In This Edition
Literature At A Glance
A guide to this month’s studies
- Guidelines on steroids and antivirals to treat Bell’s palsy
- Probiotics to reduce Clostridium difficile-associated diarrhea
- Rates of hemorrhage from warfarin therapy higher in clinical practice
- Less experienced doctors incur higher treatment costs
- Pay-for-performance incentive reduces mortality in England
- No benefit in ultrafiltration to treat acute heart failure
- Hospitalized patients often receive too much acetaminophen
- Longer anticoagulation therapy beneficial after bioprosthetic aortic valve replacement
- Antimicrobial-coated catheters and risk of urinary tract infection
- Patient outcomes improve after in-hospital cardiac arrest
Updated Guidelines on Steroids and Antivirals in Bell’s Palsy
Clinical question: Does the use of steroids and/or antivirals improve recovery in patients with newly diagnosed Bell’s palsy?
Background: The American Academy of Neurology’s last recommendation in 2001 stated that steroids were probably effective and antivirals possibly effective. The current review and recommendations looked at additional studies published since 2000.
Study design: Systematic review of MEDLINE and Cochrane Database of Systematic Reviews data published since June 2000.
Setting: Prospective controlled studies from Germany, Sweden, Scotland, Italy, South Korea, Japan, and Bangladesh.
Synopsis: The authors identified nine studies that fulfilled inclusion criteria. Two of these studies examined treatment with steroids alone and were judged to have the lowest risk for bias. Both studies enrolled patients within three days of symptom onset, continued treatment for 10 days, and demonstrated a significant increase in the probability of complete recovery in patients randomized to steroids (NNT 6-8). Two high-quality studies were identified that looked at the addition of antivirals to steroids. Neither study showed a statistically significant benefit.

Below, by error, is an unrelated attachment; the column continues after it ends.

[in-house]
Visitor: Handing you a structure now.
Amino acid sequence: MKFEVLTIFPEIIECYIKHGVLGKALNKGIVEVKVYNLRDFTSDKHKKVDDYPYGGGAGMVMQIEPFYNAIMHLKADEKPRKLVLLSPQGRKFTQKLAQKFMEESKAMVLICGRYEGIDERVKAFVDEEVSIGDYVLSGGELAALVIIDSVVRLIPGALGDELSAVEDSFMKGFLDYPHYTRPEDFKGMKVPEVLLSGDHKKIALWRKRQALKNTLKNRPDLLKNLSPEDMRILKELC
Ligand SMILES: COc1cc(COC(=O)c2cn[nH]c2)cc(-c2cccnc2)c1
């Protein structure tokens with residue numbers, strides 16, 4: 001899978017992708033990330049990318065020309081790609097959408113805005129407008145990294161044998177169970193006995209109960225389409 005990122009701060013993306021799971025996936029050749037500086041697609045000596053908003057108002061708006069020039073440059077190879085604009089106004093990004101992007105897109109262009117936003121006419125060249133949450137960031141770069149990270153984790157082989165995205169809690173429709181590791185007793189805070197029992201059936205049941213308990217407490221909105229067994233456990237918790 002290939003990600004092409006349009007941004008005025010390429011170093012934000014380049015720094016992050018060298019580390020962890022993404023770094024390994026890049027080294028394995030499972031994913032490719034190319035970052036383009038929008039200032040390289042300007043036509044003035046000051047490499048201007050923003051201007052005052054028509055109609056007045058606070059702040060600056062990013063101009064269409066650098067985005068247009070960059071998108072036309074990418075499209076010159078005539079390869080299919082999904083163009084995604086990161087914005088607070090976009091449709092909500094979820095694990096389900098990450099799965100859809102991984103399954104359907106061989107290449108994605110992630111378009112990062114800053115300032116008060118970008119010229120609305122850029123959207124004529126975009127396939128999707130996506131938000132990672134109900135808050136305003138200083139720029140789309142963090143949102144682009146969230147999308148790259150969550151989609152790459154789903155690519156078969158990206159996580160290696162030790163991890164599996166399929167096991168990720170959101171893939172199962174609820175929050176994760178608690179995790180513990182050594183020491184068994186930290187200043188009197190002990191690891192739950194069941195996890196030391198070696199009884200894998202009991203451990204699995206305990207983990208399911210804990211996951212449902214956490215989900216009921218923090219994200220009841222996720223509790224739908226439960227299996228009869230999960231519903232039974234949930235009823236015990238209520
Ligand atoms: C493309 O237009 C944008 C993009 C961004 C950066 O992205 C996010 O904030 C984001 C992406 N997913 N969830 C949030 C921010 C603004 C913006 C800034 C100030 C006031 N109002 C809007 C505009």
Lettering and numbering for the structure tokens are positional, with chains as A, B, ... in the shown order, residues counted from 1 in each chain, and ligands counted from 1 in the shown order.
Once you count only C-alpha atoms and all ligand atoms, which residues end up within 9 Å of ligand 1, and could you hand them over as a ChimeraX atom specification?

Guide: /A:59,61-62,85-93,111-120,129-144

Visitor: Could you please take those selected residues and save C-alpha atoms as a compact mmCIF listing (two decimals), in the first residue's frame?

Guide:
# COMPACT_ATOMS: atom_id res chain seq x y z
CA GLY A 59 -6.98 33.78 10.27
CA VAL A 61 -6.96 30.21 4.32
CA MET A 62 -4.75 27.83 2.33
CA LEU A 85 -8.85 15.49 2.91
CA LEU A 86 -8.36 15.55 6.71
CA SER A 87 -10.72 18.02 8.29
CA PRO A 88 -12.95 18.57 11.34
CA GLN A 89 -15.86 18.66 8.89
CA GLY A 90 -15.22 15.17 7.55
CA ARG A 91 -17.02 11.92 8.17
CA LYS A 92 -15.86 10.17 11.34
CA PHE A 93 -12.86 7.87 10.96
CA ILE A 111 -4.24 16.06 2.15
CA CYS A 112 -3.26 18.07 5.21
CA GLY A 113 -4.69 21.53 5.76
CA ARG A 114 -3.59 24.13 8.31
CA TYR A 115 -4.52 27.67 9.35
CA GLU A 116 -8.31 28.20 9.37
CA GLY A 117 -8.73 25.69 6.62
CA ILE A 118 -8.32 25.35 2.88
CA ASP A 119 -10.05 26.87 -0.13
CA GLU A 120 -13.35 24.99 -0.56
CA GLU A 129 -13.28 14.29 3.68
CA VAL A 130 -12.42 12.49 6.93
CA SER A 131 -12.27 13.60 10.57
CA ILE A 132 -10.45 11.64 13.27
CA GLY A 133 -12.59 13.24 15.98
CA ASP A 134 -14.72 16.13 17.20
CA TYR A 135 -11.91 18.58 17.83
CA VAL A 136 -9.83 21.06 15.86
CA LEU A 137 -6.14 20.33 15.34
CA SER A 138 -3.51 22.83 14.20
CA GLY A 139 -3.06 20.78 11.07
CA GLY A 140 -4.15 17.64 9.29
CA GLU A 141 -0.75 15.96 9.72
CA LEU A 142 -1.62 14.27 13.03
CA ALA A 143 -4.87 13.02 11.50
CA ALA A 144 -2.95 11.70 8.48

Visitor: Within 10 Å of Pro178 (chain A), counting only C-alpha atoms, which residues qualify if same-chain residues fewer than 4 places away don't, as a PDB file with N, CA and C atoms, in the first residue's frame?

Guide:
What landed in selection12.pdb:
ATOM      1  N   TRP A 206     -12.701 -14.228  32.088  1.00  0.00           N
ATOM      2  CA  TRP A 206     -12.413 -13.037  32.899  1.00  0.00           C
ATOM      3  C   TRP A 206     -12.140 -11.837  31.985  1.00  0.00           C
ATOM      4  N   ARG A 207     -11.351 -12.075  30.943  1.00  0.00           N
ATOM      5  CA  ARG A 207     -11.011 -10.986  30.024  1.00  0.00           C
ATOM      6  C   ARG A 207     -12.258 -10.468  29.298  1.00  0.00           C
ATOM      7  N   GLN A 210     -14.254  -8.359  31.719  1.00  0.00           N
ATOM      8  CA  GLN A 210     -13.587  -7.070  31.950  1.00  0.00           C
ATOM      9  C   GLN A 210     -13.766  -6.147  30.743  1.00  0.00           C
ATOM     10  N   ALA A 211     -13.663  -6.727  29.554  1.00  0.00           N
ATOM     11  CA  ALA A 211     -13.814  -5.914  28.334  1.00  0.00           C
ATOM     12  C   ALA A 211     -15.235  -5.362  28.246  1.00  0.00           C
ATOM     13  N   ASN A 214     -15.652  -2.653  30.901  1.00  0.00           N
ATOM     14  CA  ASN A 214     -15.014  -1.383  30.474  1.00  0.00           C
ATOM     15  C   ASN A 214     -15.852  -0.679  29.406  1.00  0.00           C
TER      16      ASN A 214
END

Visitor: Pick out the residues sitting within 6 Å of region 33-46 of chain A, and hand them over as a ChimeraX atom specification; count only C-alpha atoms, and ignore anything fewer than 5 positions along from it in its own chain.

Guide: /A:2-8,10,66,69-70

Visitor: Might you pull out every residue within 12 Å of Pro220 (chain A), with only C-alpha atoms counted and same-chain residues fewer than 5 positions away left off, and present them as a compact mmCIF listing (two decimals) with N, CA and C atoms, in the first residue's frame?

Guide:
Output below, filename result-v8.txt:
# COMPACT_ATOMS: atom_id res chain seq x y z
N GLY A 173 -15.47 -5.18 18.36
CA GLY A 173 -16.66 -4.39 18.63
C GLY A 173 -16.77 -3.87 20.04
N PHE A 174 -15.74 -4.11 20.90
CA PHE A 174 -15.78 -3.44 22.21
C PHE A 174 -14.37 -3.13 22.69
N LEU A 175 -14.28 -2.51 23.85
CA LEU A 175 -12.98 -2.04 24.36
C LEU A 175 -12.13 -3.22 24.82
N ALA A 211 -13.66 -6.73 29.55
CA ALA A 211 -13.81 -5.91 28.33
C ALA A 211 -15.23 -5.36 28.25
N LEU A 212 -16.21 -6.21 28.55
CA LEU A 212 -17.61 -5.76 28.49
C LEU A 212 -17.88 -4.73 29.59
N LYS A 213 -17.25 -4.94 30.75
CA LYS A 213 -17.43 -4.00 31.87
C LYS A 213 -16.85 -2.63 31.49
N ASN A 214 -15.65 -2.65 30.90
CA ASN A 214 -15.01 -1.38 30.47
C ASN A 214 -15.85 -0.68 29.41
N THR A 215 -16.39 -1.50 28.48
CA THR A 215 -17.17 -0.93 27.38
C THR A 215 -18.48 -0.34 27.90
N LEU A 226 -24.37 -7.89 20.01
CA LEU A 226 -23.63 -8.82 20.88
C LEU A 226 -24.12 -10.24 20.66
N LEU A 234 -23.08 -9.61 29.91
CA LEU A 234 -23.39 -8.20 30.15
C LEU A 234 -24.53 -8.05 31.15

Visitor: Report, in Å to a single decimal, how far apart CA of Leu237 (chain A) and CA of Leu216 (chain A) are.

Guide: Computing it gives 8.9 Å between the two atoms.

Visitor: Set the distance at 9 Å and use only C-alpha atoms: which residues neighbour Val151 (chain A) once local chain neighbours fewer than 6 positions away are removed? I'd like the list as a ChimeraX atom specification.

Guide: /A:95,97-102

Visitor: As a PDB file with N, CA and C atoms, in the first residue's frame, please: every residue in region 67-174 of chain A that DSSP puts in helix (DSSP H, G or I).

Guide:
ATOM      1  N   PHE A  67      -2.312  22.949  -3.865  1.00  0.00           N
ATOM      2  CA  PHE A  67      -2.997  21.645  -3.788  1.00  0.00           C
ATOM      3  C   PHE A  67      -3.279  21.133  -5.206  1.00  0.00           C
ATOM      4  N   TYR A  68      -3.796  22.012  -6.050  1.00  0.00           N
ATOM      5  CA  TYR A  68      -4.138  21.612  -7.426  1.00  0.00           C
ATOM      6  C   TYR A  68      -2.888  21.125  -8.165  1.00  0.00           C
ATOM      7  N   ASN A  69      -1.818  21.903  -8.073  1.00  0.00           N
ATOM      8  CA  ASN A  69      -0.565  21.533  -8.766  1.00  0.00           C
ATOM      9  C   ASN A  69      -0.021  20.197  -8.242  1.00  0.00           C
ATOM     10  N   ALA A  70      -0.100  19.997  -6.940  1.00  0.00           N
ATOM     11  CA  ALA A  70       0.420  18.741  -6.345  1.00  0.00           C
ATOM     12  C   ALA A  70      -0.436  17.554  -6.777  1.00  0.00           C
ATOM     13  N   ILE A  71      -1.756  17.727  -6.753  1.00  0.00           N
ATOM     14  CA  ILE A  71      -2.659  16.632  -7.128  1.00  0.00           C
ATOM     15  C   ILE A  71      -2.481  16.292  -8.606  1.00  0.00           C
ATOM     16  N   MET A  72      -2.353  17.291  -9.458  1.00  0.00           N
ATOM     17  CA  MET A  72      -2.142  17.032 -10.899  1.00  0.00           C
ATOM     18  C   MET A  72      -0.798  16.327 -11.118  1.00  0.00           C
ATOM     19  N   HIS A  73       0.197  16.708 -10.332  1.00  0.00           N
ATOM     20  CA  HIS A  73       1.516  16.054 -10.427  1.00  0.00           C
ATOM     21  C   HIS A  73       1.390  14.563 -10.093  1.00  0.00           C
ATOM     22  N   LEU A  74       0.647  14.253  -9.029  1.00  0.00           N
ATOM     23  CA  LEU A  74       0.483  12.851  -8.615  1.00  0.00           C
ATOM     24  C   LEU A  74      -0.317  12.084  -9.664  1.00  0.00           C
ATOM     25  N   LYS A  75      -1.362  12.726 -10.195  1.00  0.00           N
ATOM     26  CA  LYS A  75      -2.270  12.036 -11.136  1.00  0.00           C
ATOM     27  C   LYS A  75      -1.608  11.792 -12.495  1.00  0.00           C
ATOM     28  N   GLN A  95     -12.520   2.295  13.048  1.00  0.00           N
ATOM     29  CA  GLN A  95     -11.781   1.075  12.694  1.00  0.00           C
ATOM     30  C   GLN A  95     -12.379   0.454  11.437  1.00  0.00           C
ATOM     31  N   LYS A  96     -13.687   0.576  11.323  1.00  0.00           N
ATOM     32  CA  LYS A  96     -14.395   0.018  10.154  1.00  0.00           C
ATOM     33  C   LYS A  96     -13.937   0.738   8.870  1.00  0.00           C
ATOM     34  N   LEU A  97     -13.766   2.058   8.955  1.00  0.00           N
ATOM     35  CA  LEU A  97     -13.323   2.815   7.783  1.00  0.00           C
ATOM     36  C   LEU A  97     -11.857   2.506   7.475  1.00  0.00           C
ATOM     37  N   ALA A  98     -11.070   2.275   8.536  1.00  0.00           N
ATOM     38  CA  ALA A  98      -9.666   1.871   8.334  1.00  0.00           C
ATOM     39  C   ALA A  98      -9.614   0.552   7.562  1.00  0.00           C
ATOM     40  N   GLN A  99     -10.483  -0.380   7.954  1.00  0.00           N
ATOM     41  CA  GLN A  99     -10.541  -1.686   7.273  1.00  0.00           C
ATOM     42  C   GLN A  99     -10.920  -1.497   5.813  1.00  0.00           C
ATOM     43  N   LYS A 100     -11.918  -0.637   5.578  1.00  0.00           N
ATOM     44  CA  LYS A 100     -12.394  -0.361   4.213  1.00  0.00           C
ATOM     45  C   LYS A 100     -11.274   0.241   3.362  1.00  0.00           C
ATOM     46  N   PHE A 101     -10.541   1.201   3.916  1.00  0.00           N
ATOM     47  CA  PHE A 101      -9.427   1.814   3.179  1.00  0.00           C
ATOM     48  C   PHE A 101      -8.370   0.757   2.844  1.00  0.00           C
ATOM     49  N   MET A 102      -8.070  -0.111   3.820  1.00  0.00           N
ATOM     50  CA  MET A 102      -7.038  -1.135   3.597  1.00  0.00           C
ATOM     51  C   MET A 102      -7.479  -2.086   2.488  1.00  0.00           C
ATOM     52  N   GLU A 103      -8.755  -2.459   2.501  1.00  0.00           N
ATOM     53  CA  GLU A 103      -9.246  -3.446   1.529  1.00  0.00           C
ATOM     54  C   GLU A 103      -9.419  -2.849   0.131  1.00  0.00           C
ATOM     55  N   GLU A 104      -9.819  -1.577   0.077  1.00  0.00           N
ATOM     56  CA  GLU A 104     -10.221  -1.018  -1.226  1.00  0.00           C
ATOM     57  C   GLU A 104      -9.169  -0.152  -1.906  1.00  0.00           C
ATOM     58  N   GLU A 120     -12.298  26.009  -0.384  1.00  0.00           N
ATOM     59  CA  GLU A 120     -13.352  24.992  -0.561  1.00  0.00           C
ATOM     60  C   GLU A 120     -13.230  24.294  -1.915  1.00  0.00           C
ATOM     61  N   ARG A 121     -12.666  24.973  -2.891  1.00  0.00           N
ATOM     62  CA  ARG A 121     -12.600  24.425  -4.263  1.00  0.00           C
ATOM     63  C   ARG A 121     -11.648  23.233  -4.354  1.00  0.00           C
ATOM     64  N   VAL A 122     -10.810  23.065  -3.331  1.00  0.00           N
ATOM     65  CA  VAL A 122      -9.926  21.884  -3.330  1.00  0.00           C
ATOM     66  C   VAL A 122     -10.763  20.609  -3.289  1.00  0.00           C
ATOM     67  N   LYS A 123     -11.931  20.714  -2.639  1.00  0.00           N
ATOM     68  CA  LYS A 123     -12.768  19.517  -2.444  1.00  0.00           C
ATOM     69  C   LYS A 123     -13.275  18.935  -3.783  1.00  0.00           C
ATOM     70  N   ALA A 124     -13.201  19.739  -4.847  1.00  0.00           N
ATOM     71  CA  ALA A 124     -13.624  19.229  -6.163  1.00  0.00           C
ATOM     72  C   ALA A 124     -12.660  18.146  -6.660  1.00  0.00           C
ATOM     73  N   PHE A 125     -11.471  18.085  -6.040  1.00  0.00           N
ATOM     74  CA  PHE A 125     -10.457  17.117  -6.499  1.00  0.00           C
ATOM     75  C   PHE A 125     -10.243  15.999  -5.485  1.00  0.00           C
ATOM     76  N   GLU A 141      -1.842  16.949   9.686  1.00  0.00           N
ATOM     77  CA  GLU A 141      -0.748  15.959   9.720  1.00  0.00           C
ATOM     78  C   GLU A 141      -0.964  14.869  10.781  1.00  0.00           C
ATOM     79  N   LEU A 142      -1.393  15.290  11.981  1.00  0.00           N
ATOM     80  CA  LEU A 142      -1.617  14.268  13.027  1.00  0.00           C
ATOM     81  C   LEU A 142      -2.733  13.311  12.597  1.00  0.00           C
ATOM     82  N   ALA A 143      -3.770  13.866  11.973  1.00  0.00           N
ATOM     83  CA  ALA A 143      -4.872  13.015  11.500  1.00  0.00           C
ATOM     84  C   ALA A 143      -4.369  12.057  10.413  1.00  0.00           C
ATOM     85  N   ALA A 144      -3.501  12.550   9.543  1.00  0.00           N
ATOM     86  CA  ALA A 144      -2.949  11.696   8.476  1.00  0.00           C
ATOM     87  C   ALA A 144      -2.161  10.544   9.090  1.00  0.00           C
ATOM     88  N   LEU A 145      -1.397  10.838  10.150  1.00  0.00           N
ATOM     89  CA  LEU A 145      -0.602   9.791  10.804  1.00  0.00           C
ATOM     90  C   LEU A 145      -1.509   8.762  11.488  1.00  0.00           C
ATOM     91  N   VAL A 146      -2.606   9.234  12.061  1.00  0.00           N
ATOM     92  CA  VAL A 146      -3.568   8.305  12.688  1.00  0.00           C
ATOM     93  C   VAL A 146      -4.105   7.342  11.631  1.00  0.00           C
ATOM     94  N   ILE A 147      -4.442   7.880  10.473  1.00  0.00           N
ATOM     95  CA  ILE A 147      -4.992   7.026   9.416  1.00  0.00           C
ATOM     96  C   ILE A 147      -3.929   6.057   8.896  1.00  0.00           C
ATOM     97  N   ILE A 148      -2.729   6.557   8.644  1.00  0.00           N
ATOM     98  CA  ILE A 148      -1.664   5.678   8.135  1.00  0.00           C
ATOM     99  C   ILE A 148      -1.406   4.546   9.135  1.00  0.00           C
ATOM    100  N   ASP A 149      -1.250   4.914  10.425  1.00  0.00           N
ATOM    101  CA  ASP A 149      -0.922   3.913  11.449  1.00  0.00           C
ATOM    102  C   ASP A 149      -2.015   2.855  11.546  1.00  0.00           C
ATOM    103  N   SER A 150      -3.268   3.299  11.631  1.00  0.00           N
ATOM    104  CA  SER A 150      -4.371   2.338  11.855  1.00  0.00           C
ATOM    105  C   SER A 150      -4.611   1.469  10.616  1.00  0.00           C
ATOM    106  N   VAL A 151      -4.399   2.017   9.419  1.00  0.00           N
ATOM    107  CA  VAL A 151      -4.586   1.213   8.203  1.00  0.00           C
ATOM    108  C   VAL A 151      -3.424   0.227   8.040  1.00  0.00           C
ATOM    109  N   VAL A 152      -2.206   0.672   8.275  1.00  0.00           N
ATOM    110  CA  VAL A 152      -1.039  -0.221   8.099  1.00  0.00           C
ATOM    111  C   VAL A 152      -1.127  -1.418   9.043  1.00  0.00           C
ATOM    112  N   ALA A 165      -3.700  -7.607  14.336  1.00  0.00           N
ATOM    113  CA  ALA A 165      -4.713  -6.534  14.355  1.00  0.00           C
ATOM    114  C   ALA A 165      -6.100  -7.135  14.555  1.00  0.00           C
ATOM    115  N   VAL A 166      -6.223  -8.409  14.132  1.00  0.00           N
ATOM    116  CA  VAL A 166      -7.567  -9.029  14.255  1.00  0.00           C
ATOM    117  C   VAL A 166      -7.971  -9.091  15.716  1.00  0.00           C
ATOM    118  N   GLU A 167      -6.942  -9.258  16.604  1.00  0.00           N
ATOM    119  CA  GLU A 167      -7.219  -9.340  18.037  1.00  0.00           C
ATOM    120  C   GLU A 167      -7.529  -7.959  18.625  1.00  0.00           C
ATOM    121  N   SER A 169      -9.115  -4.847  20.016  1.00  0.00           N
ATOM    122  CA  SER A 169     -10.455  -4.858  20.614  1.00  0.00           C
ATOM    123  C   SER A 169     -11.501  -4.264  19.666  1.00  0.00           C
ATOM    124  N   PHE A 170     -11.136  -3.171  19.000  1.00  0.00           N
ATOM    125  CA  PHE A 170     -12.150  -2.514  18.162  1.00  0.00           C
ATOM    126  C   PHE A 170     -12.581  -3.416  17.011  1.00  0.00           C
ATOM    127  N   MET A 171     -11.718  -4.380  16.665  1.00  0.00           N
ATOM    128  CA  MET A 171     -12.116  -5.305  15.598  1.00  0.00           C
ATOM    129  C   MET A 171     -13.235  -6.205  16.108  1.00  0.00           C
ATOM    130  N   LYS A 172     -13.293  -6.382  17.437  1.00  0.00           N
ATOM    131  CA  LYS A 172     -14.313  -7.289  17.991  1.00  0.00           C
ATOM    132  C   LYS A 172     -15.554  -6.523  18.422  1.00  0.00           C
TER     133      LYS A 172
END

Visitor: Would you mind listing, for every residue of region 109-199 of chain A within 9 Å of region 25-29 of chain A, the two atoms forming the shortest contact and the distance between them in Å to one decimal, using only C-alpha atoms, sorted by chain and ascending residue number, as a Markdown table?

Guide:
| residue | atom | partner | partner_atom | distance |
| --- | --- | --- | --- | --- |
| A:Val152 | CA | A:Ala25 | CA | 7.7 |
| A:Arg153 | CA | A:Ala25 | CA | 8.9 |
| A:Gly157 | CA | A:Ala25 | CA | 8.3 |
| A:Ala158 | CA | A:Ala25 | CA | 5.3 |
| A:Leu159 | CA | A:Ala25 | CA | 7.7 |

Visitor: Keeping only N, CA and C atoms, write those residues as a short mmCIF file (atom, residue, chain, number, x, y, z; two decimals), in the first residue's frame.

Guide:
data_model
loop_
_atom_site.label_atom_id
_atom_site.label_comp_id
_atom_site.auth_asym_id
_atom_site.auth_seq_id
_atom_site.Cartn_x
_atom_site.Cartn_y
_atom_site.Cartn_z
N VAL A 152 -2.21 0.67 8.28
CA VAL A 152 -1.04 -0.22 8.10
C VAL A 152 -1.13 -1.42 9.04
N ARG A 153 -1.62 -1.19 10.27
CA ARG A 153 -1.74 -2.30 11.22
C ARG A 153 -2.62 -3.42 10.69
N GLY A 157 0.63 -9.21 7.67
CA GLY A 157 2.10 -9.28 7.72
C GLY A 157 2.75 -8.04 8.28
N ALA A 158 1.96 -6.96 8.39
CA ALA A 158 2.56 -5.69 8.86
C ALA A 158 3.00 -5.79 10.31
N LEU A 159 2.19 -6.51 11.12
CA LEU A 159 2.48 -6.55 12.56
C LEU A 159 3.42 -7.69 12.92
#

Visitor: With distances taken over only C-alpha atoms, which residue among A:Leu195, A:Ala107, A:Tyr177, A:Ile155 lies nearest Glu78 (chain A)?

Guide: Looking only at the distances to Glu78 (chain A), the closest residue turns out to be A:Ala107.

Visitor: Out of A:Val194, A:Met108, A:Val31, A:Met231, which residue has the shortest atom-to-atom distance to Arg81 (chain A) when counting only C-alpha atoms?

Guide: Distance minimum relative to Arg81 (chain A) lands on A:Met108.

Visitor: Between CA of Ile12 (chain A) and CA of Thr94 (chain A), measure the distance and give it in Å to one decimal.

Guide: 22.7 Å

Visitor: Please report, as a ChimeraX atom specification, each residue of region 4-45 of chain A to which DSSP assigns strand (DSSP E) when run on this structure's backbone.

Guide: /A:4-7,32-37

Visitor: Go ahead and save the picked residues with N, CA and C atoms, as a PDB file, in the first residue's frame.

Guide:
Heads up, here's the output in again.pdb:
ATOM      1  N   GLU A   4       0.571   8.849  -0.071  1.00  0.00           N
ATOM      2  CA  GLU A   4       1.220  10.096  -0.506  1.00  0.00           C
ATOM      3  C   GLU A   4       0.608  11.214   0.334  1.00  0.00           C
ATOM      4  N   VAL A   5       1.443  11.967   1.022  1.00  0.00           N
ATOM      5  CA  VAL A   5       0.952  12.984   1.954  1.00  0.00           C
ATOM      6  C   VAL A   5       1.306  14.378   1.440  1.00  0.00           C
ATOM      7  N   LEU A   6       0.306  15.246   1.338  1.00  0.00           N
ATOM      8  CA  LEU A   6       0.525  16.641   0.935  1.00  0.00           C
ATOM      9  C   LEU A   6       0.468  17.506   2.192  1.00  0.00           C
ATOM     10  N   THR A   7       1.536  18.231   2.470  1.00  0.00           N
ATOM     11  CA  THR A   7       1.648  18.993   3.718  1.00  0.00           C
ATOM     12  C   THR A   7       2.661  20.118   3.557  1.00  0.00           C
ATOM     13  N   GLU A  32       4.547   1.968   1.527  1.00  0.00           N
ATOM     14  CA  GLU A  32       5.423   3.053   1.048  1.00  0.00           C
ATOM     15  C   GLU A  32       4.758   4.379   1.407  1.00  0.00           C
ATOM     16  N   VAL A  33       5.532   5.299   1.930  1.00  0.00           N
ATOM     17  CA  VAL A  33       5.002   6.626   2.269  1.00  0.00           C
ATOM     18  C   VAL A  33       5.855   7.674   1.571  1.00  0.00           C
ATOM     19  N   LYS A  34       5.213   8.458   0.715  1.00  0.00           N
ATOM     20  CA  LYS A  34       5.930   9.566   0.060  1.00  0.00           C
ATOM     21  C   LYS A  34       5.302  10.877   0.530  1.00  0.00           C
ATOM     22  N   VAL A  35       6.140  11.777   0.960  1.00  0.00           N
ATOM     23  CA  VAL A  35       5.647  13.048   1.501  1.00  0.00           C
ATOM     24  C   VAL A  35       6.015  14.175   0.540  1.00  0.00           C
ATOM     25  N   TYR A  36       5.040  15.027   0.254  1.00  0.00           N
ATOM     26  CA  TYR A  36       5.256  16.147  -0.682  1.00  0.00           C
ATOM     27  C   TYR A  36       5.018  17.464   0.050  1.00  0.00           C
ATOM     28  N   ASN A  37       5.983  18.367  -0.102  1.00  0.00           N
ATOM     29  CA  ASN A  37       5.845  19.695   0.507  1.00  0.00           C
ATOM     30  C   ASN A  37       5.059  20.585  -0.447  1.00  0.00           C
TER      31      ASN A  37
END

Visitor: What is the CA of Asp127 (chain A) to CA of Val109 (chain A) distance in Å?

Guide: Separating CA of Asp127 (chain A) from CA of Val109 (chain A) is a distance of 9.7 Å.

Of note, the studies did not quantify the risk of harm from steroid use in patients with comorbidities, such as diabetes. Thus, the authors concluded that in some patients, it would be reasonable to consider limiting steroid use.
Bottom line: For patients with new-onset Bell’s palsy, steroids increase the probability of recovery of facial nerve function. Patients offered antivirals should be counseled that a benefit from antivirals has not been established, and, if there is a benefit, it is modest at best.
Citation: Gronseth GS, Paduga R. Evidence-based guideline update: steroids and antivirals for Bell palsy: report of the Guideline Development Subcommittee of the American Academy of Neurology. Neurology. 2012;79(22):2209-2213.
Probiotic Prophylaxis Reduces Clostridium Difficile-Associated Diarrhea
Clinical question: Are probiotics a safe and efficacious therapy for the prevention of Clostridium difficile-associated diarrhea (CDAD)?
Background: CDAD is the most common cause of hospital-acquired infectious diarrhea in high-income countries. There has been a dramatic rise in the incidence and severity of CDAD since 2002. Previous studies suggested that probiotics might reduce the incidence of CDAD with few adverse events.
Study design: Systematic review and meta-analysis of the literature.
Setting: Randomized controlled trials from the U.S., Canada, Chile, China, United Kingdom, Turkey, Poland, and Sweden.
Synopsis: Investigators identified 20 trials including 3,818 participants using a systematic search of randomized controlled trials of a specified probiotic of any strain in adults or pediatric subjects treated with antibiotics. Probiotics reduced the incidence of CDAD by 66% (risk ratio 0.34, 95% CI 0.24 to 0.49). Subgroup analyses showed similar results in both adults and children, with lower and high doses, and with different probiotic species.
Of probiotic-treated patients, 9.3% experienced an adverse event compared with 12.6% of control patients (relative risk 0.82, 95% CI 0.65 to 1.05). There was no report of any serious adverse events attributable to probiotics.
One limitation is the considerable variability in the reported risk of CDAD in the control group (0% to 40%). The absolute benefit from probiotics will depend on the risk in patients who do not receive prophylaxis.